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Keeping contact.

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  • Keeping contact.

    I have been riding a young, green 18 hand belgium warmblood. It is pretty straitforward getting him on the bit, and round. But I have a pretty hard time keeping him there. I think this reflects my "busy" hands. Any suggestions?

  • #2
    you most likely need to find concentration for your lower body. horses lose contact when the engine loses "inspiration"
    chaque pas est fait ensemble


    • #3


      • #4
        First thing is you need to fix your hands. You can't expect him to stay soft if he's getting jabbed randomly.

        Second is to keep moving forward.


        • #5
          Piber, thanks for posting that video! I'm struggling with the same issue as EnzoDbr9 and I now have a few things to try in my ride this afternoon.

          And Arab_Mare is saying the same thing as the video, just fewer words. My instructor had me take more contact than normal in my lesson on Friday just to see what my 4 year old greenie did. He was a lot steadier in the head because I wasn't randomly bumping him in the mouth. Now its just achieving that consistently!
          My May boys: Beau, Neon, Criss


          • #6
            Thanks for that video, Piber! I'm really trying to keep hands quiet and avoid wiggles, squeezes etc. I'm guilty of being afraid of too much pressure, so it's very enlightening to understand that consistent "heavier" contact feels better to him than intermittent "light" contact. I will try this tomorrow!
            So in a perfect world I'd have consistent light contact?
            http://essas-storm.blogspot.ca/ An OTTB rescue/project found me!


            • #7
              Originally posted by cada931 View Post
              So in a perfect world I'd have consistent light contact?
              Yes, your contact should always be consistent and never go loopy. That's the very definition of "contact" . Your contact can get lighter or heavier depending on what's going on with your horse (horse above the bit, heavier with half halt, horse going nicely...contact is light and rewarding[but not loopy])

              Before you work on picking up the contact, work on making sure your elbows are eelllasssttiiccc. So you are pushing down pushing down every time you come up in the trot, and you're rowing the boat at both the walk and the canter. When you feel confident that you are able to keep doing those things on autopilot, then pick up a contact with your horse.

              If I were your teacher, I would have you bring a set of reins or a stirrup leather in the house, and have you practicing elastic contact sitting on your couch...pushing your hands down in a fake posting trot (the goal is that your hands don't bounce around at all, but stay steady in one spot...you can also grab a grab strap while riding to get a feeling for keeping them in one spot, then work on it on your own.). You can also practice the following "row the boat" action of the walk and canter by putting the reins around your foot and pushing your foot forward and back forward and back and practice following that motion with your hands and arms.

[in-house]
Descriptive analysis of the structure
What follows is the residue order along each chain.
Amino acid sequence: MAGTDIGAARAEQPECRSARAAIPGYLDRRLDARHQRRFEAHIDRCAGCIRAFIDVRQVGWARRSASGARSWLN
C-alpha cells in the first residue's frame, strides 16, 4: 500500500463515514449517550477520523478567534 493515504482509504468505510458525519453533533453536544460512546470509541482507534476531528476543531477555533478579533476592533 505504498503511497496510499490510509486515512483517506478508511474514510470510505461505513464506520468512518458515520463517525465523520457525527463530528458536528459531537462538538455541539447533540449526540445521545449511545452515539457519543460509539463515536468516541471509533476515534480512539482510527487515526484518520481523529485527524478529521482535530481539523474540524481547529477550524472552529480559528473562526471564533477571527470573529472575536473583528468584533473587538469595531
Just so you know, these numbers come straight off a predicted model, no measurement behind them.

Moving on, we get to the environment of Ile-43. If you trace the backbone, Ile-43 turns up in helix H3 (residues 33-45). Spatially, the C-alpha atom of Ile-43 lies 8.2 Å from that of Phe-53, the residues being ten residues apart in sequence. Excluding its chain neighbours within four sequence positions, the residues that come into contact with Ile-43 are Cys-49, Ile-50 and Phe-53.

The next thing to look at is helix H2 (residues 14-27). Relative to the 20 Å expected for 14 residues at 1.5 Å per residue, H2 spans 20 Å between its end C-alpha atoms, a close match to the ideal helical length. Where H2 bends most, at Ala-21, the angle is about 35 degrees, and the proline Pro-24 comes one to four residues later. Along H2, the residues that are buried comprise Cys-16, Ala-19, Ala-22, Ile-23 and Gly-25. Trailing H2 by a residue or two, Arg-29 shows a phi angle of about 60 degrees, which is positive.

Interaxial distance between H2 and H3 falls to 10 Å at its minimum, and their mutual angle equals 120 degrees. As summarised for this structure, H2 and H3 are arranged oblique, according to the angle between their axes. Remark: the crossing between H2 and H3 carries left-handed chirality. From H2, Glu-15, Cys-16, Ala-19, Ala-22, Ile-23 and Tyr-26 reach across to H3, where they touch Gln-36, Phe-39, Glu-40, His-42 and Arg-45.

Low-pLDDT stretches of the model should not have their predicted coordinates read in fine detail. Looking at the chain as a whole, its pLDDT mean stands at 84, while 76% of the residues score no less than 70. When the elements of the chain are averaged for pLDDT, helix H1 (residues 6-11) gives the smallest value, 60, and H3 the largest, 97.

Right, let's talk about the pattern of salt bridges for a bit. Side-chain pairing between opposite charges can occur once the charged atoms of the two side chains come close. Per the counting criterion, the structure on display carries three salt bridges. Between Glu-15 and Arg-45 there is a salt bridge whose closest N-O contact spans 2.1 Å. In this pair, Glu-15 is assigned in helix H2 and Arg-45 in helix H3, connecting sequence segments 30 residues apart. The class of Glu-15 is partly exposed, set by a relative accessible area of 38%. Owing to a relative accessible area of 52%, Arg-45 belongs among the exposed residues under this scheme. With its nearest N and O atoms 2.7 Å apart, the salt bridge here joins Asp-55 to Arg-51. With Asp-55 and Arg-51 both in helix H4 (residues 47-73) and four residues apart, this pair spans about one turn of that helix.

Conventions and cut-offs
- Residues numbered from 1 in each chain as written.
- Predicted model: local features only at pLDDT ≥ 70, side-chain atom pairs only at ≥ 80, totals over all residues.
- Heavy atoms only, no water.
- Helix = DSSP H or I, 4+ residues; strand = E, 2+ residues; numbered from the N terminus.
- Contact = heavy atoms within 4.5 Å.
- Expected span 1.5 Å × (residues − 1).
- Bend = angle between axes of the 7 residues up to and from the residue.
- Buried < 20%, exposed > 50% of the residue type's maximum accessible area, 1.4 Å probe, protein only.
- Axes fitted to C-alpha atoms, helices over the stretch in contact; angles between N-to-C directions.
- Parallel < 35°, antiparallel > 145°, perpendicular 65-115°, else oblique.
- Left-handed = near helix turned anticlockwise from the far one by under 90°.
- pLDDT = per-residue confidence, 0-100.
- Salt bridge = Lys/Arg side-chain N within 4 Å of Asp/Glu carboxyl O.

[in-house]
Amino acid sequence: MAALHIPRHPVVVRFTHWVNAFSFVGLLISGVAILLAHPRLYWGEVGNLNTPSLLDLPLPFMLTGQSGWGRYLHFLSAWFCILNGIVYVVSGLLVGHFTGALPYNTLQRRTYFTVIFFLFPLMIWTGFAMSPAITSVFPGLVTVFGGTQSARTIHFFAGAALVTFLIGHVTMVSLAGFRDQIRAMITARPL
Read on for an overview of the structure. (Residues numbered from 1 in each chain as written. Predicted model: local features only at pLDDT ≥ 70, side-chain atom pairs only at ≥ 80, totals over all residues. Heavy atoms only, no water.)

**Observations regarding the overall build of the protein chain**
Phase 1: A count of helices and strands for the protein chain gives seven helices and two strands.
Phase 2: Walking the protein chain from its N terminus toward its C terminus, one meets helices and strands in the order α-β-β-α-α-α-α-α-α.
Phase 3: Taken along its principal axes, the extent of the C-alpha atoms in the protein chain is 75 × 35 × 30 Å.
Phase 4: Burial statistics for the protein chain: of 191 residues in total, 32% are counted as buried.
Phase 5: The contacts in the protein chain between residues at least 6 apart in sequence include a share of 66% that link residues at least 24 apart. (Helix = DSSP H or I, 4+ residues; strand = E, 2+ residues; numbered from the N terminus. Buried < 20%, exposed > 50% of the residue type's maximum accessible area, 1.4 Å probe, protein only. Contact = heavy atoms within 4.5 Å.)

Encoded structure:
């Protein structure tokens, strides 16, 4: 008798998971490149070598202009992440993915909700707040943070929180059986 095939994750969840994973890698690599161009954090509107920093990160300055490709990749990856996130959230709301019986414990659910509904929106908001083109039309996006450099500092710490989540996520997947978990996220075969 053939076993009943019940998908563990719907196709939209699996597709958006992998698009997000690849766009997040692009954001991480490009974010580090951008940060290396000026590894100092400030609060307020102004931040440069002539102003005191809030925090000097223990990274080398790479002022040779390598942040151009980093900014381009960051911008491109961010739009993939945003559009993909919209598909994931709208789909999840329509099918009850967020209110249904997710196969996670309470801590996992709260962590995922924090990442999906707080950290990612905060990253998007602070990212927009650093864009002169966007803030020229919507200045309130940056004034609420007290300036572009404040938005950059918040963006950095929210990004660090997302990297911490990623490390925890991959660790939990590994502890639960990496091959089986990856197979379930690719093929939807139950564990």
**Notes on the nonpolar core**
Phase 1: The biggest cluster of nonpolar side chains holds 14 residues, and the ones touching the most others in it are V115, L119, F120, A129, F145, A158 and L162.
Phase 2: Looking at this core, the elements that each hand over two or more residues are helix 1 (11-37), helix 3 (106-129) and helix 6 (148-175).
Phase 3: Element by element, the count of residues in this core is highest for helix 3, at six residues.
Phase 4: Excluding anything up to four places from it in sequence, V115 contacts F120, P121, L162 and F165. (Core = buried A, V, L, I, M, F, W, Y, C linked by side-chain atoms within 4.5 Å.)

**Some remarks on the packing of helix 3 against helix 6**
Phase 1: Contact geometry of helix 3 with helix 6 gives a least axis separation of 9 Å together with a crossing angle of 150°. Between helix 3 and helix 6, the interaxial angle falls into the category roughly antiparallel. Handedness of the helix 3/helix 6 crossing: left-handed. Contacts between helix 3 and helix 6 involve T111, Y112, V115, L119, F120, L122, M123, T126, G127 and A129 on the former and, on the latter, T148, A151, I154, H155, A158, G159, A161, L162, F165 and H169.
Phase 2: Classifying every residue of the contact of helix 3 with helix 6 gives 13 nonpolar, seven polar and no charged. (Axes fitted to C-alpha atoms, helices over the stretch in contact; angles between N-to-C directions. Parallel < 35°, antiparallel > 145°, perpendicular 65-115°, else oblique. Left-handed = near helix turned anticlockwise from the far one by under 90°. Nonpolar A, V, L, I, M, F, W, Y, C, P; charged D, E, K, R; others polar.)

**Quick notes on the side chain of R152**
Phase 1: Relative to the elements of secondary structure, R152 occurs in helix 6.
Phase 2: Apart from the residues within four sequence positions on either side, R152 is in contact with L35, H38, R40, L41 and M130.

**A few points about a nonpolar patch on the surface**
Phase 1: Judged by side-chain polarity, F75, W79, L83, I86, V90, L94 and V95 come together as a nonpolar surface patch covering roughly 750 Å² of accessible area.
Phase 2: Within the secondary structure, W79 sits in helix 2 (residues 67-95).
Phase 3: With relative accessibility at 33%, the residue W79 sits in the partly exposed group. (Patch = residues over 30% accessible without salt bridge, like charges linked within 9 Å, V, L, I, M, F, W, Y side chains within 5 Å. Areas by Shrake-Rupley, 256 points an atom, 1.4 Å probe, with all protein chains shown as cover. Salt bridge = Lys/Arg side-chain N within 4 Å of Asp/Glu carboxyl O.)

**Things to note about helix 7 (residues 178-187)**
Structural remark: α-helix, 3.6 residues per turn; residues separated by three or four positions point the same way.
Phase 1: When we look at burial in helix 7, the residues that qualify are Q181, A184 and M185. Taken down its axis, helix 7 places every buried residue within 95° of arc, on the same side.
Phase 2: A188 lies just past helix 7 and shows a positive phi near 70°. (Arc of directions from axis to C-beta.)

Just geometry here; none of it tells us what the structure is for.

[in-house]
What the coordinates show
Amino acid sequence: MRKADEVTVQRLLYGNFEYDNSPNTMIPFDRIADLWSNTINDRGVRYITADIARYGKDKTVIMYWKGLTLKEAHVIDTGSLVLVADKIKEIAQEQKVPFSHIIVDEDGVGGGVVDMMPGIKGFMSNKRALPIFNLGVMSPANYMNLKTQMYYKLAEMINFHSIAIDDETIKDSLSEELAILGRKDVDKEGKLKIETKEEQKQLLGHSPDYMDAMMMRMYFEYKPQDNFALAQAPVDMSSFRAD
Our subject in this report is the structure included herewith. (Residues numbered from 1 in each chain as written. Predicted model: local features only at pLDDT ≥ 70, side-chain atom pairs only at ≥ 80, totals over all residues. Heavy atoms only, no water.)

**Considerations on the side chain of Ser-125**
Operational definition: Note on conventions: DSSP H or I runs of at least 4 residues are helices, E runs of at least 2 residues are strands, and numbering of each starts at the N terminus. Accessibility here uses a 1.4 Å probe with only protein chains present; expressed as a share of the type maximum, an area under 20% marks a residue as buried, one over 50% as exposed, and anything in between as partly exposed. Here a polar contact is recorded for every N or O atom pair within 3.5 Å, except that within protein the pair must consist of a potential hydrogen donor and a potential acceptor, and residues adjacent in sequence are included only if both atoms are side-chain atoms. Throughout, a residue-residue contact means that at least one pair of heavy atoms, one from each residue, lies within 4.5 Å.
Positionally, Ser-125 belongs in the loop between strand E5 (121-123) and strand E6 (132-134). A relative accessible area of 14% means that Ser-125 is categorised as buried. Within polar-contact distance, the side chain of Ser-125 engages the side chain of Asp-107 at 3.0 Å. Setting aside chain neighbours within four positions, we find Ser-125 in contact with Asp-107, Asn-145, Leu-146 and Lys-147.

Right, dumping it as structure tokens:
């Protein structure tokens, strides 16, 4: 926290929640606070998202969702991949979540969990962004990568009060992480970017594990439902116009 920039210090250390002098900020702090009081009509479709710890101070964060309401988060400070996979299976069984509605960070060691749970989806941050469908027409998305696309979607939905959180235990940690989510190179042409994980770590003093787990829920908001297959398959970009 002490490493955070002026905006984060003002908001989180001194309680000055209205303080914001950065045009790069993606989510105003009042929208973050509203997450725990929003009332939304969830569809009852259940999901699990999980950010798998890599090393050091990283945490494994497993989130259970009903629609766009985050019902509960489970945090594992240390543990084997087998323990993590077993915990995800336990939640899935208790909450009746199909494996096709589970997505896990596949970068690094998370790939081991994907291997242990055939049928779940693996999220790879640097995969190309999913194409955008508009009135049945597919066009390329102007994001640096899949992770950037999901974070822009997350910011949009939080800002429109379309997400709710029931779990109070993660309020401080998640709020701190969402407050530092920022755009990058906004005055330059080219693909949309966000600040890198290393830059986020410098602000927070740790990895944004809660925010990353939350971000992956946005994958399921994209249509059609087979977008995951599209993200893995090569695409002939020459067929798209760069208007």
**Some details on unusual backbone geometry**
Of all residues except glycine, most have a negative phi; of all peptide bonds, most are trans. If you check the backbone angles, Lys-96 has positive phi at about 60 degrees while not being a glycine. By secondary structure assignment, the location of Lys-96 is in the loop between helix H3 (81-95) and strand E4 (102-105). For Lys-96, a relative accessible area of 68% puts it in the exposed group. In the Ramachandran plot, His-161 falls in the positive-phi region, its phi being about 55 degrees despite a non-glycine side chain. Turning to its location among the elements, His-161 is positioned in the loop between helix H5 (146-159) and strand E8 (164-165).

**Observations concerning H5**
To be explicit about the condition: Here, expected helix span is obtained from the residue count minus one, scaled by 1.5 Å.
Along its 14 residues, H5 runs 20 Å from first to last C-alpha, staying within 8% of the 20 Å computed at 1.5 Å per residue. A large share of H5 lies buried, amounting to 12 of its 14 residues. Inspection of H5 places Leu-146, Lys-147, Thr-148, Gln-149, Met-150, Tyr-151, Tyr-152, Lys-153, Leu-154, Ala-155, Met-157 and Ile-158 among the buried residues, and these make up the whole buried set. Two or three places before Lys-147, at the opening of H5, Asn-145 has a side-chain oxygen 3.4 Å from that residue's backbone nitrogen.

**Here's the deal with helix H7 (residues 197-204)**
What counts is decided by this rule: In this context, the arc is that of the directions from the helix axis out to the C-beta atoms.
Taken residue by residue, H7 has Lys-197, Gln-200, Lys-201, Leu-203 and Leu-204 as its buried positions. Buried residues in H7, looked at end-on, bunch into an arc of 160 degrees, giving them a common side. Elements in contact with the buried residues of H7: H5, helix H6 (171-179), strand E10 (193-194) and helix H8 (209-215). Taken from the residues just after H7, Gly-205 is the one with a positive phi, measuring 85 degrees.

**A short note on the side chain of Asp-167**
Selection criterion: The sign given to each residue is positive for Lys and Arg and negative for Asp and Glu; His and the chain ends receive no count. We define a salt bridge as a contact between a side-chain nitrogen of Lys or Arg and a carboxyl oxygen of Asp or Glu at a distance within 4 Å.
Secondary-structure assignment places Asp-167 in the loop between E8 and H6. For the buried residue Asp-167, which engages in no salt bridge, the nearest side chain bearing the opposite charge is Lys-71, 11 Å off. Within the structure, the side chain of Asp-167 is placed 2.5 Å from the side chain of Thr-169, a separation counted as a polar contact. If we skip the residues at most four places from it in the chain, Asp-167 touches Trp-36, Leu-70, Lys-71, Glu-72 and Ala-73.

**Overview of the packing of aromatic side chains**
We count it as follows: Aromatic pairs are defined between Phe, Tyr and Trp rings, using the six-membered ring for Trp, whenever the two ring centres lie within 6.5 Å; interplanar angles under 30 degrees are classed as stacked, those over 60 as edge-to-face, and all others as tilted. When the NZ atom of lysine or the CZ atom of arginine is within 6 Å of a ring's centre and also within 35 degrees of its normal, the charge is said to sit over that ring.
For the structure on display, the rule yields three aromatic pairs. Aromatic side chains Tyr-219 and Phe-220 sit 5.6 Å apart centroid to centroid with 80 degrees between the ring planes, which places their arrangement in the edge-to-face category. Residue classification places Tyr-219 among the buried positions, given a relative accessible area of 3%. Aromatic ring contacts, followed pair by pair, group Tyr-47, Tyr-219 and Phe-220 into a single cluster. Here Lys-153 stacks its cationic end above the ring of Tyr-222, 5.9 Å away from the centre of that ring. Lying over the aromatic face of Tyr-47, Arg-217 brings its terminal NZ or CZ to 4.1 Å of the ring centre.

If you're struggling with basic contact stuff, i would HIGHLY recommend Jane Savoie's "Happy Horse" series. She explains all this stuff in ABC format step by step and teaches every major point all the way up to like 2nd level.

              Best of luck!


              • #8
                Another good Jane Savoie vid


                I once took a lesson with jane on the equicizer and she said i had a "picture perfect" seat...and the equicizer sensors confirmed it. Highlight of my life
                Last edited by PiberFever17; Oct. 30, 2012, 07:30 PM.


                • #9
                  I feel like I'm constantly quoting Catherine Haddad, but I'll do it again haha! She says that your job as a rider is to hold the bit still in the mouth of the horse. If you think of that as you ride your hands will automatically be more still. Be sure that your fists are closed as well. Often time people try to be "soft" by opening their fingers. But then you get busy hands because your fingers are now constantly playing, moving, softening, flexing, etc. The horse cannot trust a contact that never sits still. Remember, the horse chews the bit to soften his mouth, you don't need to move the bit yourself to soften the mouth.


                  • #10
                    After viewing the videos I was curious to know how the hands follow the movement at the sitting trot. Can anyone explain? Thanks


                    • #11
                      grab a buddy, two plastic coffee mugs with handles and some water
                      fill the mugs almost to the top and place one in each hand while sitting upon the horse.
                      have your buddy lunge the horse at a trot.
                      don't get wet.

                      surprizingly, the more you try to keep your hands still, the wetter you'll get. this exercise teaches independence of the hands from the seat, and awakens the psoas.
                      chaque pas est fait ensemble